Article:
_The Walls Have Eyes

There’s a lot more going on in the LeBow College of Business’ new behavioral lab than meets the eye.

A special room for unique research was built into the bottom level of Gerri C. LeBow Hall, the recently completed home of Drexel’s business school. Visitors entering it see a sign that reads “Behavioral Lab,” and what looks like a normal reception area.


There’s a lot more going on in the LeBow College of Business’ new behavioral lab than meets the eye.

But tilt your head up, and you may notice some things that seem out of place: a long white microphone and a black, dome-shaped camera fixture.

The lab is wired for audio and video recording, sound playback and, in one room, even climate control, allowing researchers from LeBow or elsewhere at Drexel to study how people act and react — all from a control room filled with screens, buttons and knobs.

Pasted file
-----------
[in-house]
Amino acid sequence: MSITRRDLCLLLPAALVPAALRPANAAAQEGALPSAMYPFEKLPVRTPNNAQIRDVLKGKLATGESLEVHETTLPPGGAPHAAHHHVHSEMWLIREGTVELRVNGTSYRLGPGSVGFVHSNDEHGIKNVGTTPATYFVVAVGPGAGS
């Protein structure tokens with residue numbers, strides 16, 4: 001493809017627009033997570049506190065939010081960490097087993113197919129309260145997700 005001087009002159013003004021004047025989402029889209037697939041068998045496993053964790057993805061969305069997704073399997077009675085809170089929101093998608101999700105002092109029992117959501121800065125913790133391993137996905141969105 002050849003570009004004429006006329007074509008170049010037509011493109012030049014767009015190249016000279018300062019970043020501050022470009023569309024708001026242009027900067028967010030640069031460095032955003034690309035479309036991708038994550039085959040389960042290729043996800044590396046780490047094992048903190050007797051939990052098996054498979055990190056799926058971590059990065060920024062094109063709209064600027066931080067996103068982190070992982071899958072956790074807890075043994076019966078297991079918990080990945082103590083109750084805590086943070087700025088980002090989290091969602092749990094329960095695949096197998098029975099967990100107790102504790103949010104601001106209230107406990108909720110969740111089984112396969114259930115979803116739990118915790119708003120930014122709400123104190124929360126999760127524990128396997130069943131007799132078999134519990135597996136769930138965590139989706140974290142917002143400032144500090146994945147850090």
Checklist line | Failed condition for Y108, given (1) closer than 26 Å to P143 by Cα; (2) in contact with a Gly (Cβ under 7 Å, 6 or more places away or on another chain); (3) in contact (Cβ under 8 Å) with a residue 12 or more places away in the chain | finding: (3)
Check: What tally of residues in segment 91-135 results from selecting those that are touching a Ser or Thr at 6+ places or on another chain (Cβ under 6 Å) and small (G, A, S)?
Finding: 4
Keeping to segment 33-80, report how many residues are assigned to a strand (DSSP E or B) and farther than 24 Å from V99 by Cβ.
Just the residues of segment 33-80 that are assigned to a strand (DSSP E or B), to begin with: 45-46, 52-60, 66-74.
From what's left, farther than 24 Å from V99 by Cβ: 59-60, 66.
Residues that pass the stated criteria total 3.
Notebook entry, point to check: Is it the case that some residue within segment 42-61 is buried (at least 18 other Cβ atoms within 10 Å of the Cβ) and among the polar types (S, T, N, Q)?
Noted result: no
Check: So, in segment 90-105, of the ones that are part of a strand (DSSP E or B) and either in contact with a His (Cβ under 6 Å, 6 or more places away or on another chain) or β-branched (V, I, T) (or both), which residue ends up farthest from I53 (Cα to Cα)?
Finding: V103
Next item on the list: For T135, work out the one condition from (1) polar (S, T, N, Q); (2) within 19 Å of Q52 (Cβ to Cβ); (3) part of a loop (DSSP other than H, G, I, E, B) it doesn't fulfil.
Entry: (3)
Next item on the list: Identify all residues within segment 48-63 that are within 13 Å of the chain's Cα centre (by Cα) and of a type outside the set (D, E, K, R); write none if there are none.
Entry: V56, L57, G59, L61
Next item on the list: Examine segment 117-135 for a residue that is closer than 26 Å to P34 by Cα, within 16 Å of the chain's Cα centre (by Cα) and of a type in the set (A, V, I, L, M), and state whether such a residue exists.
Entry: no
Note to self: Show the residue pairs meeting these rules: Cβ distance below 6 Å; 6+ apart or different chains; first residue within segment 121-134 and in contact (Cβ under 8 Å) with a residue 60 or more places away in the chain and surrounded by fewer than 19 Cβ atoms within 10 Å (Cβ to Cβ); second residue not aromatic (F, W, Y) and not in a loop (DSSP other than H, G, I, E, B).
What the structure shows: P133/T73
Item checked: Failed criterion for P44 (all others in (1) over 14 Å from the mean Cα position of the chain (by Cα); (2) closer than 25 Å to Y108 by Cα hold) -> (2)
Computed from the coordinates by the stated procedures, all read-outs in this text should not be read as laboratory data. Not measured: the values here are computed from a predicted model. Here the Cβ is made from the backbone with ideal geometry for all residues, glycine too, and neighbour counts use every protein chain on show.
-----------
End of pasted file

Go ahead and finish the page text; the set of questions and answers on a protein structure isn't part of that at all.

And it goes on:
The centerpiece of the lab is a large studio room that contains five different cameras mounted on the walls, plus a one-way mirror through which researchers can watch from the lab’s control room, unseen by their subjects.

The room allows researchers to study how people react to certain messages or stimuli. Instead of relying on surveys or written responses where people may or may not convey the truth about their reaction, researchers can watch their body language for clues: a lean, a slouch or a smile.

An experimenter can also pipe in sound or, if they wish, control the temperature in the large studio room. Some research has found that people feel warmer, more positive feelings as temperatures go higher, so researchers might test how temperature might affect business transactions. If you’re courting a new client, is it better to meet in Philadelphia during the winter or in Florida?

Outside of the main studio room, a smaller conference room with chairs arranged around a table allows for a different experimental environment. It, too, is monitored by cameras and a one-way mirror.

Even the lab’s reception area can be used as part of experiments. If you want to study how people react when they have to wait excessively long for an appointment, you can watch and listen from the control room as they squirm and groan.